Judges are appointed or elected in a variety of ways; in the United States they are appointed by the president by and with the consent of the senate; in some of the states they are appointed by the governor, the governor and senate or by the legislature. In the United States and some of the states, they hold their offices during good behaviour; in others, as in New York, during good behaviour or until they shall attain a certain age, and in others for a limited term of years.
The Free (Legal) Dictionary
To make a decision or reach a conclusion after examining all the factual evidence presented. To form an opinion after evaluating the facts and applying the law.
A public officer chosen or elected to preside over and to administer the law in a court of justice; one who controls the proceedings in a courtroom and decides questions of law or discretion.
As a verb the term judge generally describes a process of evaluation and decision. In a legal case this process may be conducted by either a judge or a jury. Decisions in any case must be based on applicable law. Where the case calls for a jury verdict, the judge tells the jury what law applies to the case.
As a noun judge refers to a person authorized to make decisions. A judge is a court officer authorized to decide legal cases. A judge presiding over a case may initiate investigations on related matters, but generally judges do not have the power to conduct investigations for other branches or agencies of government.
Judges must decide cases based on the applicable law. In some cases a judge may be asked to declare that a certain law is unconstitutional. Judges have the power to rule that a law is unconstitutional and therefore void, but they must give proper deference to the legislative body that enacted the law.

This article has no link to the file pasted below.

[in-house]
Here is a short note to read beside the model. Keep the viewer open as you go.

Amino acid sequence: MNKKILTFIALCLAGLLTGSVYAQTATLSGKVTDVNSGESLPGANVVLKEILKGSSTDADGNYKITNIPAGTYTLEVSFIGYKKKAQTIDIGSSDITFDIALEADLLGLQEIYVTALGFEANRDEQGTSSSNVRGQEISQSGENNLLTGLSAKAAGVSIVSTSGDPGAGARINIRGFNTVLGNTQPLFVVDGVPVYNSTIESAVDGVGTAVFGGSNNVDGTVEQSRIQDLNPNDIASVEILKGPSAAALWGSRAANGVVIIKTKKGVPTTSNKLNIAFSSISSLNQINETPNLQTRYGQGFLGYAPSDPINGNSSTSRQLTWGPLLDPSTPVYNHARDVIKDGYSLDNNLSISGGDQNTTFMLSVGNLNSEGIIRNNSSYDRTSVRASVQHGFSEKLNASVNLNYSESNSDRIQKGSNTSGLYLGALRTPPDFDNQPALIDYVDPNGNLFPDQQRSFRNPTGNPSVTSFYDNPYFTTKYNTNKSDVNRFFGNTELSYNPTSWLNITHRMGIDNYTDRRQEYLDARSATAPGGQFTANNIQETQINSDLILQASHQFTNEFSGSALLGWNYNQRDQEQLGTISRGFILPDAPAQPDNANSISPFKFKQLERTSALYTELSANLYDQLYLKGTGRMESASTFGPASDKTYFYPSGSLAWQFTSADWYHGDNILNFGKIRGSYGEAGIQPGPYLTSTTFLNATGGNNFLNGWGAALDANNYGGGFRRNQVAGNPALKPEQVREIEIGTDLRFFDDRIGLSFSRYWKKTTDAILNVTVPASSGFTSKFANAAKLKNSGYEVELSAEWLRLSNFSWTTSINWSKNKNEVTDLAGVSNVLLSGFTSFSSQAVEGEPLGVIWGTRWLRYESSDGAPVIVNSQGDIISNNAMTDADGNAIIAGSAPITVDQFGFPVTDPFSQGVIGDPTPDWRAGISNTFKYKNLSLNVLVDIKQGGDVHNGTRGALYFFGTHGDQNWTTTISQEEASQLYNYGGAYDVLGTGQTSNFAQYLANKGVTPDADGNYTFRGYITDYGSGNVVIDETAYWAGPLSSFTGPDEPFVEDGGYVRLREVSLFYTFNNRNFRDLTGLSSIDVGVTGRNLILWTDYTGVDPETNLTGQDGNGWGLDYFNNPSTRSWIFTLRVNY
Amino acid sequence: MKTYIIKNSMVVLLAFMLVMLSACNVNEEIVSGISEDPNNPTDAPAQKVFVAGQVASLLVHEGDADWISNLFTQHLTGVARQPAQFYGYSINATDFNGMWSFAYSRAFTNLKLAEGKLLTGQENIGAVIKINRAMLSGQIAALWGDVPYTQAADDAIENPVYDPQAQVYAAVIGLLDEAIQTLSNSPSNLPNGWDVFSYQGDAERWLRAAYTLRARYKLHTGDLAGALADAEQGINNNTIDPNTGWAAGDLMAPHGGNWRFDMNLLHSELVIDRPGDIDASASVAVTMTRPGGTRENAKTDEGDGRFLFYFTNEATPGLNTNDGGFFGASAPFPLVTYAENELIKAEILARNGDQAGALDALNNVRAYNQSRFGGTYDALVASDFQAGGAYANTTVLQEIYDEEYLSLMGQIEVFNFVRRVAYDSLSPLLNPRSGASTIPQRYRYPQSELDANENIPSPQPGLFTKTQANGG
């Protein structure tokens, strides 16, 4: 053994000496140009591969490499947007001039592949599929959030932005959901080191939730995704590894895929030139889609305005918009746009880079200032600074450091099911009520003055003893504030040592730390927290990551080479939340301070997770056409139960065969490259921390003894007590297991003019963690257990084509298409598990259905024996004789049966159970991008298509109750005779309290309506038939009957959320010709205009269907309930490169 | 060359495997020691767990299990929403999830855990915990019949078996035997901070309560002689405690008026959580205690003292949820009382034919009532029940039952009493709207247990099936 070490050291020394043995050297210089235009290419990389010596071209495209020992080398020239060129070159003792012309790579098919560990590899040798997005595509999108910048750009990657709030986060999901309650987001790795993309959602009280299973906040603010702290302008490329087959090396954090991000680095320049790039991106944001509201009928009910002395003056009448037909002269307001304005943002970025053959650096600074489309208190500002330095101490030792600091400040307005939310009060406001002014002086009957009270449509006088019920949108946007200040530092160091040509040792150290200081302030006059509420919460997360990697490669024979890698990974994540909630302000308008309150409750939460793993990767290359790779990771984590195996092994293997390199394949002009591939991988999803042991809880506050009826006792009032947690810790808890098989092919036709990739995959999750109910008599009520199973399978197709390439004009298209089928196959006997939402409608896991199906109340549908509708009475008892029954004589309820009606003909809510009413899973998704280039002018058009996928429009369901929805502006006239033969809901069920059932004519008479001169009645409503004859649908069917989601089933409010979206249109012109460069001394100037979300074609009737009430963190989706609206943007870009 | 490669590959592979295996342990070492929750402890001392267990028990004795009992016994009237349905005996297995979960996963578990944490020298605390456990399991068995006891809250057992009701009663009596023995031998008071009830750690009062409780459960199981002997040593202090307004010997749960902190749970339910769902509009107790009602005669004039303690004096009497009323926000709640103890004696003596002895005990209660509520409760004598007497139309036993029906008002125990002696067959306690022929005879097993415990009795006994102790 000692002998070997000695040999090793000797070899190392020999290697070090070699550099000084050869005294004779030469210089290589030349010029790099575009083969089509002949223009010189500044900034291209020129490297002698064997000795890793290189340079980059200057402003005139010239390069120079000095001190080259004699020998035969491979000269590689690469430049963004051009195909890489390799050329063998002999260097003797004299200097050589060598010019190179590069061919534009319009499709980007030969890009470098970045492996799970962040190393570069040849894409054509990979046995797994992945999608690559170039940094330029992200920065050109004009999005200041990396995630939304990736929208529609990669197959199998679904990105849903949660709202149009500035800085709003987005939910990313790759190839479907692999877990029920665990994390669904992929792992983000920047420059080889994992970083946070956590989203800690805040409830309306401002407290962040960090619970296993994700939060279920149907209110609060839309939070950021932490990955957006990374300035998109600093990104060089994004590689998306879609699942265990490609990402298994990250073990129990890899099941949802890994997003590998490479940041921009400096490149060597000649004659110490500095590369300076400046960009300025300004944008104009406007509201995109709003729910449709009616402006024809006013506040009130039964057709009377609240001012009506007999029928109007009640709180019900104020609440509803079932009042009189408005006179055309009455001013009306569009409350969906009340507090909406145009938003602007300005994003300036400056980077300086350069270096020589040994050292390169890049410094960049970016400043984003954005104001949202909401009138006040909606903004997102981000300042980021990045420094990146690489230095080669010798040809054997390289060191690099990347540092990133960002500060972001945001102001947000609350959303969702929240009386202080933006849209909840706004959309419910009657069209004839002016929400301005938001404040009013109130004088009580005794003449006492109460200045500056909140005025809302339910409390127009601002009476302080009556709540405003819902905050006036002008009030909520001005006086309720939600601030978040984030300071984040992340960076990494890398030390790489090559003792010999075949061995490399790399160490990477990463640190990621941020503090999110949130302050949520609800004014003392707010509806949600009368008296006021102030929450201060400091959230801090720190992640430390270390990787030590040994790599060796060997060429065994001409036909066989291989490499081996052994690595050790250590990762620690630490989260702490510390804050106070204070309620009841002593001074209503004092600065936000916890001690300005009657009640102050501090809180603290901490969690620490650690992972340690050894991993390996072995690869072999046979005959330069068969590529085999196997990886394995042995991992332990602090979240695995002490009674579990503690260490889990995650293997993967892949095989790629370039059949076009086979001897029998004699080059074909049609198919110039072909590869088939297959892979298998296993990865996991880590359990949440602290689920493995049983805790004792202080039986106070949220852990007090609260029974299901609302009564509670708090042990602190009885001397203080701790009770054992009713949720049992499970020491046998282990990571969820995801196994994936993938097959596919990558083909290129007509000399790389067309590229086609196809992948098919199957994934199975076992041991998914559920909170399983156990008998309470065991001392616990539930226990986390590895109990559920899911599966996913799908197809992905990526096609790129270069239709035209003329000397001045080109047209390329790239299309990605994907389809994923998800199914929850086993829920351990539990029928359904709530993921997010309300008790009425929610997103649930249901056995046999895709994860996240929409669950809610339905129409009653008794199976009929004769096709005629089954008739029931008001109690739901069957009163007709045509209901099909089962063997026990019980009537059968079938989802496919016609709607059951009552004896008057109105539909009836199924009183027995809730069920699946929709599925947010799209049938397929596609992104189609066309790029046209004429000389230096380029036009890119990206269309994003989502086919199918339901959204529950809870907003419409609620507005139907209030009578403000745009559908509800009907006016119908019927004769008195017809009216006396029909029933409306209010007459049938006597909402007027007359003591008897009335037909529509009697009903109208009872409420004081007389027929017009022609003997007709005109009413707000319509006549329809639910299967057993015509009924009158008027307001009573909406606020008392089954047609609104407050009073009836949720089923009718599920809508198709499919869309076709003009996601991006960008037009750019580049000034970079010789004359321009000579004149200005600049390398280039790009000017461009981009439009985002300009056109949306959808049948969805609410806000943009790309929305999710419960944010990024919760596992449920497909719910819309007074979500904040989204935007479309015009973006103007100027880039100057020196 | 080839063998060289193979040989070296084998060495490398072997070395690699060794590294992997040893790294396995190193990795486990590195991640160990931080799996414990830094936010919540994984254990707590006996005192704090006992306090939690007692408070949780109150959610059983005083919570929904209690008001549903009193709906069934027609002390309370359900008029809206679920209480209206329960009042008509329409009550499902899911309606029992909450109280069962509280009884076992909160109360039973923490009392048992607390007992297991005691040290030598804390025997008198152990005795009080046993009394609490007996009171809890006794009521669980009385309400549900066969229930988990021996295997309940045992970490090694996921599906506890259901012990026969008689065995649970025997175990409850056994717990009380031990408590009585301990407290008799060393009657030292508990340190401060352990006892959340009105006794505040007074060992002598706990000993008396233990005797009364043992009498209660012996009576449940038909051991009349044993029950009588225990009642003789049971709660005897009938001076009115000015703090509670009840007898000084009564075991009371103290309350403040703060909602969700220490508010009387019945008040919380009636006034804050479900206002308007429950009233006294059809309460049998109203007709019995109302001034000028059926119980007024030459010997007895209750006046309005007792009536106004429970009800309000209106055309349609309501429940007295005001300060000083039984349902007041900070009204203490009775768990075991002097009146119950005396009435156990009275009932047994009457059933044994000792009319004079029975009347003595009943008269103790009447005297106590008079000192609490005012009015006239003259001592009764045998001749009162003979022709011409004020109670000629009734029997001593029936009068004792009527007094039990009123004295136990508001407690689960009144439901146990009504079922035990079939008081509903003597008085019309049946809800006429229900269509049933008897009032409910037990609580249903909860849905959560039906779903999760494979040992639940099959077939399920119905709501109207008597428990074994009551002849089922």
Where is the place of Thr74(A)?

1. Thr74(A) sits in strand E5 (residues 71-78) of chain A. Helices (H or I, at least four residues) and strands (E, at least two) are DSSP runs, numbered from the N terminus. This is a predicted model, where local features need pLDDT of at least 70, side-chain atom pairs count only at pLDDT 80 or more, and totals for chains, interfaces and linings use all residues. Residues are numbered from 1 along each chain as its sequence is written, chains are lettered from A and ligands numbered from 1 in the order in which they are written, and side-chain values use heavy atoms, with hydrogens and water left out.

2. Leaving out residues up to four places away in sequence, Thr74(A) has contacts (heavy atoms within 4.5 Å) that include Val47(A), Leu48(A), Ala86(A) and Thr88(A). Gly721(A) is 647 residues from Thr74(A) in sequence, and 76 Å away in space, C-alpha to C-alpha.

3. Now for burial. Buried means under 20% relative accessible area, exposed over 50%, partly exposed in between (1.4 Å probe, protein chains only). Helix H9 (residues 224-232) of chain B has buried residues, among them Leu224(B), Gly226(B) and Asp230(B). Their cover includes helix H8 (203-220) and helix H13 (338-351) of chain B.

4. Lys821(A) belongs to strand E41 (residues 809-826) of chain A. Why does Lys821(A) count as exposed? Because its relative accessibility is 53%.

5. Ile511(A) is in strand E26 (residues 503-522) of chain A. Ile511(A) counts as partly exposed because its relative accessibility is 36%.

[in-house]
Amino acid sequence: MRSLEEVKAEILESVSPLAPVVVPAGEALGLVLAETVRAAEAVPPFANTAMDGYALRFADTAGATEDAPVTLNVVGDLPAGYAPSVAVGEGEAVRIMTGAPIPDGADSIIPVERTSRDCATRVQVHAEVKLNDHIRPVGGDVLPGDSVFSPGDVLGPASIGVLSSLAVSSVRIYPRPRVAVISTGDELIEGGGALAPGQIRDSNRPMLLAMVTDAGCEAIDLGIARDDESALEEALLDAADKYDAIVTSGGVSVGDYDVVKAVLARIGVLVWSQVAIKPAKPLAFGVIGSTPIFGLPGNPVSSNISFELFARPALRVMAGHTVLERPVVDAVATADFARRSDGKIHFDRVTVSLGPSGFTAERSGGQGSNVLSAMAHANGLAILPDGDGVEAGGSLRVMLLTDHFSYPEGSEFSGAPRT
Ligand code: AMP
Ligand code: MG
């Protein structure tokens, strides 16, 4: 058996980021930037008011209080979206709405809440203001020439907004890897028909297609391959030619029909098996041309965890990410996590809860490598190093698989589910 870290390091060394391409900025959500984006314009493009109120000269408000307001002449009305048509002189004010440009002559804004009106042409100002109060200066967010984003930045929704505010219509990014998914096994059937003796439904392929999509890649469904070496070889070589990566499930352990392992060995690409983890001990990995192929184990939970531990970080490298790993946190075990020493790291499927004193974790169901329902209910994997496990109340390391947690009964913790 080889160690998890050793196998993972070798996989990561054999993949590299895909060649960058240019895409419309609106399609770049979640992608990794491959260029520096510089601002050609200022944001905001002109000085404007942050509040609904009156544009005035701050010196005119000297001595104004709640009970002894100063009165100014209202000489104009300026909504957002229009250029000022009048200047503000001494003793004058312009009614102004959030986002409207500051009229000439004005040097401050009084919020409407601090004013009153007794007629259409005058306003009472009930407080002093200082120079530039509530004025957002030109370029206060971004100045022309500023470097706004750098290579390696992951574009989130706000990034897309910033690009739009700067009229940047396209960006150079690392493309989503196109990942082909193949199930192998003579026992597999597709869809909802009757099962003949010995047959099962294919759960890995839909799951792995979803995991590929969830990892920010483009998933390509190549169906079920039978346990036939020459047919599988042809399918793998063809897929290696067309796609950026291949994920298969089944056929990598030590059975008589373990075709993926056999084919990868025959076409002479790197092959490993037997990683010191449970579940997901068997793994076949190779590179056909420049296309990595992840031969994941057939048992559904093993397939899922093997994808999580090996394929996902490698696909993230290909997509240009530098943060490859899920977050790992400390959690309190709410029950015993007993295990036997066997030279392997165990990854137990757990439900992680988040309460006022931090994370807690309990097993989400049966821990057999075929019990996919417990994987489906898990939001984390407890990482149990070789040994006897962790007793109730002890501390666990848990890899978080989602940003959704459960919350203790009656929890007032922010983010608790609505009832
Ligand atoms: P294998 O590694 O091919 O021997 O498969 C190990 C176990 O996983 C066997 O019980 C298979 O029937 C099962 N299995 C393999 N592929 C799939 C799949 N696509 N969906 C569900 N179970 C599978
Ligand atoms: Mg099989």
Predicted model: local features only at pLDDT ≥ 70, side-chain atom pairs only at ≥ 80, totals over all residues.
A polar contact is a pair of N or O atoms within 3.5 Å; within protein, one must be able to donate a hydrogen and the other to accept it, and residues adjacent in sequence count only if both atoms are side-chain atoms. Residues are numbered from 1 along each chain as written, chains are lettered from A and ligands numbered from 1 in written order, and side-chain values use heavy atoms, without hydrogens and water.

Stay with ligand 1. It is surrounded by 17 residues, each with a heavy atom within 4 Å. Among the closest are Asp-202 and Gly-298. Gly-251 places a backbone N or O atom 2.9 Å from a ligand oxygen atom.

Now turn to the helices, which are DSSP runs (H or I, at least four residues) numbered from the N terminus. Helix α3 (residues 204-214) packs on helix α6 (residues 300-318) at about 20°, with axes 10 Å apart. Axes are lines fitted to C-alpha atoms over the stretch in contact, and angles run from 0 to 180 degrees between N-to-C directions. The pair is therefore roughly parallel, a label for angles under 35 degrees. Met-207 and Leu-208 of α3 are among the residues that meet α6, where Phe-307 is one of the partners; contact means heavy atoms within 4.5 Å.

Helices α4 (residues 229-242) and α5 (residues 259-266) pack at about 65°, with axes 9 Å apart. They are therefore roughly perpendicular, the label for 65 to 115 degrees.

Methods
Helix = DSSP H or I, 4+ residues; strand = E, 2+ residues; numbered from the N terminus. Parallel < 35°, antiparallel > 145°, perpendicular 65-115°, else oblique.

There are two types of judges: trial court and appellate. Trial court judges preside over trials, usually from beginning to end. They decide pretrial motions, define the scope of discovery, set the trial schedule, rule on oral motions during trial, control the behavior of participants and the pace of the trial, advise the jury of the law in a jury trial, and sentence a guilty defendant in a criminal case.
Appellate judges hear appeals from decisions of the trial courts. They review trial court records, read briefs submitted by the parties, and listen to oral arguments by attorneys, and then decide whether error or injustice occurred in the trial.
A judge, or arbiter of justice, is a lead official who presides over a court of law, either alone or as part of a panel of judges. The powers, functions, method of appointment, discipline, and training of judges vary widely across different jurisdictions. The judge is like an umpire in a game and conducts the trial impartially and in an open court. The judge hears all the witnesses and any other evidence presented by the parties of the case, assesses the credibility of the parties, and then issues a ruling on the matter at hand based on his or her interpretation of the law and his or her own personal judgement. In some jurisdictions, the judge's powers may be shared with a jury, although this practice is starting to be phased out in some regions.